Out of the handful of Original Graphic Novels (OGN) I read a year, usually one or two strike me as having that certain magical something in the way they are constructed and executed. I always gravitate towards strong writing, and one such example of strong writing that struck me recently comes from Charles Soule who is the current writer on Swamp Thing for DC Comics and has just published an entertaining, intriguing, and optimistic new OGN entitled Strange Attractors from Archaia Entertainment. Strange Attractors has all the right kinds of storytelling chemistry working for it, including a lot of great imagination about the original big city of America, NYC. Charles Soule was nice enough to take time to answer my five questions about Strange Attractors and discuss music, storytelling, digital media, and upcoming projects.
JH: Strange Attractors reads not only as a love letter to NYC, but also as an extremely optimistic book. What writers/artists have influenced that optimism in your work? Was it always strictly comics, or was it a mix of prose, poetry, etc.?
CS: I think the optimism in Strange Attractors comes as much from my love of New York as anything else. The way the characters in the book talk about the city mirrors the way I feel about this crazy place (I’ve lived in NYC for sixteen years), and so if I had a chance to save the city from a massive catastrophe… well, I wanted to do it. I do read constantly, though—I’m a huge prose guy, as well as comics and more or less everything else. Neal Stephenson and China Mieville are particular favorites of mine, and I think you can see their influence in Strange Attractors. (Even though I wouldn’t say anything I’ve ever written comes close to the brilliance those guys achieve on a regular basis.)
JH: Music is a huge part of Strange Attractors, and your website/blog notes you are a musician. How did you first get into music, and how does music play a part in your regular writing/scripting process?
CS: I’ve been playing music since my mom signed me up for violin lessons at age 3—no joke. I shifted to guitar and other instruments in high school and college, but I’ve always been a musician, both as a performer and a writer. I’ve had tons of different bands, and I’ve played in every sort of gig scenario you can think of, from the diviest bars ever to festivals and some bigger venues. I try to play as much as I can even now that I’m getting busier with my writing work, and I doubt I’ll ever stop. Right now I’m listening to a Band of Horses record, and I listen to music more or less constantly while I write. It tends to help me disappear into my own head, which is essential when you’re trying to pull stories from other worlds.
JH: Other comic writers such as Grant Morrison and Alan Moore have waded into the deep waters of the metaphysical and scientific theories running throughout Strange Attractors. In your opinion, why are comics such a fertile ground for artists to pose stories that can stimulate below the surface discussions about theories of interconnectivity and chaos that cannot be found anywhere else in pop culture?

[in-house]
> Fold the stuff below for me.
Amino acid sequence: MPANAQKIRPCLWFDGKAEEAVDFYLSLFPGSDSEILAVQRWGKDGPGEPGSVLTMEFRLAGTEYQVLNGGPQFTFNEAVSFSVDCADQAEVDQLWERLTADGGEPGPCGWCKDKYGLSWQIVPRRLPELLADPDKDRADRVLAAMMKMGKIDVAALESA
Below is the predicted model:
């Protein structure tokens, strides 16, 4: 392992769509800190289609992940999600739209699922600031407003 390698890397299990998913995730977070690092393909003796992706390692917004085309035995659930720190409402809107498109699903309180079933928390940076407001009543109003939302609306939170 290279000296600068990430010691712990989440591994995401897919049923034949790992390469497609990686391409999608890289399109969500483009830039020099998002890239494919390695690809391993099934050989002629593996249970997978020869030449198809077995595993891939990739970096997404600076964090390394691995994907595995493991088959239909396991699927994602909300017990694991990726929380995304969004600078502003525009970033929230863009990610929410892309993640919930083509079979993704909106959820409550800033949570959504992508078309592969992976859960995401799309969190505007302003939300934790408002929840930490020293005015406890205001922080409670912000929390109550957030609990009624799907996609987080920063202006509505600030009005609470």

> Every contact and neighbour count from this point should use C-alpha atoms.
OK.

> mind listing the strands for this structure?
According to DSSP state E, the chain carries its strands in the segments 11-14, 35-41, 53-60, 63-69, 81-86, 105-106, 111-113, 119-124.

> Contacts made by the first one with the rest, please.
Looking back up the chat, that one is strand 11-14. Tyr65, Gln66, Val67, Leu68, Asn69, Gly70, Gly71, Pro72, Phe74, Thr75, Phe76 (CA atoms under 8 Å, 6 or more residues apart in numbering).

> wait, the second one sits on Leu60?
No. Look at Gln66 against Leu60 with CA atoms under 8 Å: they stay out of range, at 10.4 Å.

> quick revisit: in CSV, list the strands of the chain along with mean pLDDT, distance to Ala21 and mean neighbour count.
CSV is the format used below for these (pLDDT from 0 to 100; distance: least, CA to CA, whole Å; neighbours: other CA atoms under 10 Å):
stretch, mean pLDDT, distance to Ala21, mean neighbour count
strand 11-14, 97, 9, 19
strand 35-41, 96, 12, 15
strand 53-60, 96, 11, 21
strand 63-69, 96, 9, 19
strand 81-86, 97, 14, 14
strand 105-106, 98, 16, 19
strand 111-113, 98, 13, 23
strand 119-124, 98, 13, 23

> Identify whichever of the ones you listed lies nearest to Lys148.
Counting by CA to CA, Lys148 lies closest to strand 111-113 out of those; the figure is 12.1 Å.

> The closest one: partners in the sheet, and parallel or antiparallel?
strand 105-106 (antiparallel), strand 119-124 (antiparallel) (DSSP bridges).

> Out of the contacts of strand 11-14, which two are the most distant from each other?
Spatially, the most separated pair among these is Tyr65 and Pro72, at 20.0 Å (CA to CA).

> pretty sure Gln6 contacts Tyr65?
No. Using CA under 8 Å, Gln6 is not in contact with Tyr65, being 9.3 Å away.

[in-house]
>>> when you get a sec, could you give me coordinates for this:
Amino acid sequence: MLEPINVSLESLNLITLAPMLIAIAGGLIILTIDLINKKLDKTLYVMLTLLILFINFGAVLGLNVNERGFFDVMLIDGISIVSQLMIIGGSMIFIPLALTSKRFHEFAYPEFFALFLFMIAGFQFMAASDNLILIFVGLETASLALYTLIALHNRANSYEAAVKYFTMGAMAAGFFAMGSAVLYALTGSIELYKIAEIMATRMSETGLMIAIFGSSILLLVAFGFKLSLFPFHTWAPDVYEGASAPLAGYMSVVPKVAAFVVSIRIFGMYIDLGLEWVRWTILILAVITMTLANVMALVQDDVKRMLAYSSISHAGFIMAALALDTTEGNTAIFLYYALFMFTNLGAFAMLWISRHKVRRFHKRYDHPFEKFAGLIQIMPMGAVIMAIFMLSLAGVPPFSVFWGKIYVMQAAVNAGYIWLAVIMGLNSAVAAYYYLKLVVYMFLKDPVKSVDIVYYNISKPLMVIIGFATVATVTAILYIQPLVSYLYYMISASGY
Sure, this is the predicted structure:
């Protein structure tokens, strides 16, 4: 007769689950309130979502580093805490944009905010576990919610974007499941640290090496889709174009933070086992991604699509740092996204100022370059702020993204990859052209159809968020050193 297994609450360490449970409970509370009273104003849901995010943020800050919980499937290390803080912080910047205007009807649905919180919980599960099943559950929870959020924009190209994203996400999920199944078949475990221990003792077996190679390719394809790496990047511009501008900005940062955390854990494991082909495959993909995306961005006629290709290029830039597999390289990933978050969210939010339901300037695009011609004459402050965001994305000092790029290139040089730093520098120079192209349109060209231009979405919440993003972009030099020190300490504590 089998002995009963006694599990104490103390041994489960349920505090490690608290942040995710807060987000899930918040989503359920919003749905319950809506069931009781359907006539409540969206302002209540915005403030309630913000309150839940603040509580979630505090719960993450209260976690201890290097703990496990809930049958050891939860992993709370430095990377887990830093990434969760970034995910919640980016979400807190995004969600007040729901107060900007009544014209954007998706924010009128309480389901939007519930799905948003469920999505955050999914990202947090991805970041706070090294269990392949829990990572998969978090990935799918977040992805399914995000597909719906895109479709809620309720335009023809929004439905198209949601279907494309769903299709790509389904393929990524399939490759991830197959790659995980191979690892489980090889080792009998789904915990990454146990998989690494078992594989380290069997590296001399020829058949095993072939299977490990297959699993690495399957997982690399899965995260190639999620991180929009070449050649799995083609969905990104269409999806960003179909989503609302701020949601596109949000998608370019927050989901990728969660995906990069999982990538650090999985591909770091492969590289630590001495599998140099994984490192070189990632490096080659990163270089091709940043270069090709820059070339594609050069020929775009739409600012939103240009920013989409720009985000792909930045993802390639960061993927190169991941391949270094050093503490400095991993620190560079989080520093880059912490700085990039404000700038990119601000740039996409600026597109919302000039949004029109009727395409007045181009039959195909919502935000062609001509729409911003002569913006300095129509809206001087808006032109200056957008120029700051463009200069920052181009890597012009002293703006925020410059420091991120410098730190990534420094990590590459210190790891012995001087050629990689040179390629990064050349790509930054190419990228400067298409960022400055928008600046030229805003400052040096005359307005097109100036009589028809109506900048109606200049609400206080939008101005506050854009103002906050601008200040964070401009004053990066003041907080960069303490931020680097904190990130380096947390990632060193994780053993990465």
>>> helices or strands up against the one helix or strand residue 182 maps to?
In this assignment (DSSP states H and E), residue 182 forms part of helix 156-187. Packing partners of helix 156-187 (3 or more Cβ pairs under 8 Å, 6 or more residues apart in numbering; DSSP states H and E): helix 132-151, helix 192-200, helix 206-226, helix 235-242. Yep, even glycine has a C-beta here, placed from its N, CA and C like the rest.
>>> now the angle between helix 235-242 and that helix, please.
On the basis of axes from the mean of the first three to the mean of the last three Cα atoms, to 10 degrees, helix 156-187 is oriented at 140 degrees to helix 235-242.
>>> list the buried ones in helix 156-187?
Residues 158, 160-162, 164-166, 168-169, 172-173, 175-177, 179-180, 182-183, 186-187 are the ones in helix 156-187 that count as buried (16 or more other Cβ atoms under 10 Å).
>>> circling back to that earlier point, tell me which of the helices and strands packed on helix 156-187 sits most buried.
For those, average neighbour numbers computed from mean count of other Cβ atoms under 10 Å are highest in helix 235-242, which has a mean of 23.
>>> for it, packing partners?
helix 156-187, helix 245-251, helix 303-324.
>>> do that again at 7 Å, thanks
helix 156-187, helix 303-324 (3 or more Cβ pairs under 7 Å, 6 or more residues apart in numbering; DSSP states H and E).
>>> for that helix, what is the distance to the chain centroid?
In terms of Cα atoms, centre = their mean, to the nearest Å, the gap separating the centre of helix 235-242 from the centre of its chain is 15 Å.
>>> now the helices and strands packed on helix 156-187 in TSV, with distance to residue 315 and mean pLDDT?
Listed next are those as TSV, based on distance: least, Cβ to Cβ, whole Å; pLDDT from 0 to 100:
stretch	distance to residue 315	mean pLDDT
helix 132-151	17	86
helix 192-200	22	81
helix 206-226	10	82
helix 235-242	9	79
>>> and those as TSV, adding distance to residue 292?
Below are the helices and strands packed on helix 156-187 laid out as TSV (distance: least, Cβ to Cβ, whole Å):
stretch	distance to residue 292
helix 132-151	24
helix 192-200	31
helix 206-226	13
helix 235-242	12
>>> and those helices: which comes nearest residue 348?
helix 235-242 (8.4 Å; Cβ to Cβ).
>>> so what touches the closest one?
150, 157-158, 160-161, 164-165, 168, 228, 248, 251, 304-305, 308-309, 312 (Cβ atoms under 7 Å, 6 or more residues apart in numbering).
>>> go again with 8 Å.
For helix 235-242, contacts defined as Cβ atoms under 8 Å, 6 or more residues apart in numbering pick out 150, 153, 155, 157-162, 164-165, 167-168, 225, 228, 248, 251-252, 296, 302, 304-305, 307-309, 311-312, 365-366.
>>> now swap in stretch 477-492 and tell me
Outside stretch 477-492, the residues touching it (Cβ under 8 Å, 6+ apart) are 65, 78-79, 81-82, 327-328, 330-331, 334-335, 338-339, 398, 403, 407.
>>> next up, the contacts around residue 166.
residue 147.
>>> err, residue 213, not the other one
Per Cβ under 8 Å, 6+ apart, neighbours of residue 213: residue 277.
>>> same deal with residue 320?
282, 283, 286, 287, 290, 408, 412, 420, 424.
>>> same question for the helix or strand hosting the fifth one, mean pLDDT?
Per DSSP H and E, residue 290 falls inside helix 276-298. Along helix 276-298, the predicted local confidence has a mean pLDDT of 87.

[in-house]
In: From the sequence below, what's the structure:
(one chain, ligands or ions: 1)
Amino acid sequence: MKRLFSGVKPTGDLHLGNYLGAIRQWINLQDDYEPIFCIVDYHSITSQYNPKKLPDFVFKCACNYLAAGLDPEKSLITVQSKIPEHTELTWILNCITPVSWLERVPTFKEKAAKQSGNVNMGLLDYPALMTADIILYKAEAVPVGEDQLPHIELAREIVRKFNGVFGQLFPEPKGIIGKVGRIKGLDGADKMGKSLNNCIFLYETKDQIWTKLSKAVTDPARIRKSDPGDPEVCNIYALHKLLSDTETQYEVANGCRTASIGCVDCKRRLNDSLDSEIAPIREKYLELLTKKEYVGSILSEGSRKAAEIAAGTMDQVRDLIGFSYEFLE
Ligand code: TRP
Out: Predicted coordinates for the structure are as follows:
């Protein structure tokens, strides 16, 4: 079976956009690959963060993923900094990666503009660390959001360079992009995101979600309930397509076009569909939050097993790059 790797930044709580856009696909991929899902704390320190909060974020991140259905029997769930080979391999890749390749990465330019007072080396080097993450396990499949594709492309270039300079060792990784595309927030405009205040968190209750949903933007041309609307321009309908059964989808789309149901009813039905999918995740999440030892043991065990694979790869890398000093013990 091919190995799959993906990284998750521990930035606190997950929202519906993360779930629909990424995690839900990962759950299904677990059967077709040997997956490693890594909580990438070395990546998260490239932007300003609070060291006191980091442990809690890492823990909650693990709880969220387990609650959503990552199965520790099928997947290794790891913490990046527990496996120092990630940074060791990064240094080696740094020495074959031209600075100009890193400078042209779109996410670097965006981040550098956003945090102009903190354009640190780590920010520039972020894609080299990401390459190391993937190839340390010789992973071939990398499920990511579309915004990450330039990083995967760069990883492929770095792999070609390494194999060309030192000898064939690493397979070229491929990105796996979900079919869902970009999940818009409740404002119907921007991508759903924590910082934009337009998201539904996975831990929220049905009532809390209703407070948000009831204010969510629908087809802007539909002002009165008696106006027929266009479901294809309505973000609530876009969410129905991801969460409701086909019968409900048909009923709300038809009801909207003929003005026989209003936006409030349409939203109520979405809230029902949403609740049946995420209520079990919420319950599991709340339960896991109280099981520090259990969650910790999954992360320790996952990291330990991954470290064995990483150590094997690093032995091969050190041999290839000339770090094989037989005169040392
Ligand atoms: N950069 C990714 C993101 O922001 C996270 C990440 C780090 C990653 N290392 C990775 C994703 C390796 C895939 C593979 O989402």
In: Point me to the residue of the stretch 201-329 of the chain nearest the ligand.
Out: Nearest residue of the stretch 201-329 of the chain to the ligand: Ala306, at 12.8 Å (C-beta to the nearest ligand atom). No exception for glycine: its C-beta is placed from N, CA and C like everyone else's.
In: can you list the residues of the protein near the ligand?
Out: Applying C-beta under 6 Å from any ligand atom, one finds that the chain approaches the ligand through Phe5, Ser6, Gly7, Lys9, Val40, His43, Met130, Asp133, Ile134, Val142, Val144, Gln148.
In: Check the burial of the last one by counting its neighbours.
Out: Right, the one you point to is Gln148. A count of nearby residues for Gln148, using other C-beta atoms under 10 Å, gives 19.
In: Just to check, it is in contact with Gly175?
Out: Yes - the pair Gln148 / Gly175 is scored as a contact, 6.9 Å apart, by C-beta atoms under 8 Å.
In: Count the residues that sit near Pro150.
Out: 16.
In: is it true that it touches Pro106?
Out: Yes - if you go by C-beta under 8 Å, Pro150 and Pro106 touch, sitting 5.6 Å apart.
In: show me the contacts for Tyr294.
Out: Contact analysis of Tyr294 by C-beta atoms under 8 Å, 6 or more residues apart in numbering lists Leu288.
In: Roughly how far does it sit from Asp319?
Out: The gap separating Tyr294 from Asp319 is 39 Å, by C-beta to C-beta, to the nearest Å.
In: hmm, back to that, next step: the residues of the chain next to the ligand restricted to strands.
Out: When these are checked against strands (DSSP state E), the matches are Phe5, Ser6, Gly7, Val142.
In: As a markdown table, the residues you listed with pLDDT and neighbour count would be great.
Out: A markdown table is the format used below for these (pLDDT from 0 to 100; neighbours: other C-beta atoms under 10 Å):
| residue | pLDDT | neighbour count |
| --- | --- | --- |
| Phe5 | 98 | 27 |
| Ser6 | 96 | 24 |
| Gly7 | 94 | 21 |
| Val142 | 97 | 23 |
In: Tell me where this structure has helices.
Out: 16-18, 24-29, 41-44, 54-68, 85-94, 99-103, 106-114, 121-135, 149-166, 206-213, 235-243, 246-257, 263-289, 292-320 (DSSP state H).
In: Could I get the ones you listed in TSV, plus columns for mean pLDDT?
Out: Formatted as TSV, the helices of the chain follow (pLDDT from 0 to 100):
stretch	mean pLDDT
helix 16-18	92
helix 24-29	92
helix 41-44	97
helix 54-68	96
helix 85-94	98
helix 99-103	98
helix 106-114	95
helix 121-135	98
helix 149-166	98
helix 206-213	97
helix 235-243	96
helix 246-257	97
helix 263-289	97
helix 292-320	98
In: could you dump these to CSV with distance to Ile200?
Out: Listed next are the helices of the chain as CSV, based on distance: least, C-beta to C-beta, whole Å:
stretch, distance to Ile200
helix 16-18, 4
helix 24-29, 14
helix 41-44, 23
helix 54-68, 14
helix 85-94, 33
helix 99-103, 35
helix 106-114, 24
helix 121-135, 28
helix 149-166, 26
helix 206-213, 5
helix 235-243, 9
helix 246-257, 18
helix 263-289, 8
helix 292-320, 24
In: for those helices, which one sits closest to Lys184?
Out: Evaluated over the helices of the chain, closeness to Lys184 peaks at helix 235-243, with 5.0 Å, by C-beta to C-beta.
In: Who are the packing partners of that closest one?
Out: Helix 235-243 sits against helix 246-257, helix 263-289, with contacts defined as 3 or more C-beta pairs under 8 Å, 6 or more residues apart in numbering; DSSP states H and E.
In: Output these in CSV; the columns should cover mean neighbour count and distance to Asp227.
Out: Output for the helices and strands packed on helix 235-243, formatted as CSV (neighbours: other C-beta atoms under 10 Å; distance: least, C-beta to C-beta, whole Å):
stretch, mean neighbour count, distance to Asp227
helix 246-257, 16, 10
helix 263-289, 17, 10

CS: It’s because comics don’t have to be any one thing, so they can be anything. No focus group was telling me that a book about complexity theory being applied to NYC wouldn’t sell, so I just wrote the story I wanted to write. Comics are still seen as an underground medium, without a ton of money or attention involved, which means that people aren’t worried about losing huge financial investments like they are in film, TV and other ‘bigger’ mediums. Comics ‘don’t matter,’ so they can be whatever they want to be. It’s fantastic.
JH: Comics are a storytelling medium, but they are currently going though growing pains as artists figure out new ways to tell stories in digital formats rather than just scanning and copying PDF’s of their work. With film celluloid being replaced by digital, and vinyl always battling back and forth with the 0s and 1s of digital music recording, do you have any ideas about how you might want to tell stories in comics in the coming years to fit new mass media platforms/devices; that is, if you could do some future casting of your own, what would you like to see happen or develop?
CS: I actually have an idea that I’m slowly developing about a new way to tell a story using digital media, but it’s nowhere near ready to go. Regardless, I think that storytelling will adapt to new technologies just like it always has. Someone will crack the ‘motion comic’ concept in a way that’s engaging and interesting—my friend Dan Govar has been developing some amazing software for digital comics viewing, for example. You can see more about it at his www.comicbookthinktank.com site.
JH: As you are writing for both creator-owned titles and the mainstream publishers (i.e. DC Comics), what is 2013 looking like for you? What is coming up next?
CS: 2013 is the busiest year in comics I’ve ever had. Beyond the release of Strange Attractors, I’m writing Swamp Thing and Red Lanterns for DC Comics, Thunderbolts for Marvel, and an ongoing creator-owned sci-fi series for Oni called Letter 44 that will start in October. It’s pretty amazing, and I wouldn’t trade it, but it’s definitely keeping me on my toes! If you want to keep up with my upcoming projects, the best way is probably to follow me on Twitter @charlessoule, friend me on Facebook or check out my site/blog at www.charlesoule.com. If you think you might like to read Strange Attractors, you can pick it up at your local comic shop, via Amazon here: http://http://www.amazon.com/Strange-Attractors-Charles-Soule/dp/193639362X or digitally for ipad and so on from Comixology here: http://www.comixology.com/Strange-Attractors/comics-series/9685.
My thanks to Charles Soule. Strange Attractors is available now from Archaia Entertainment.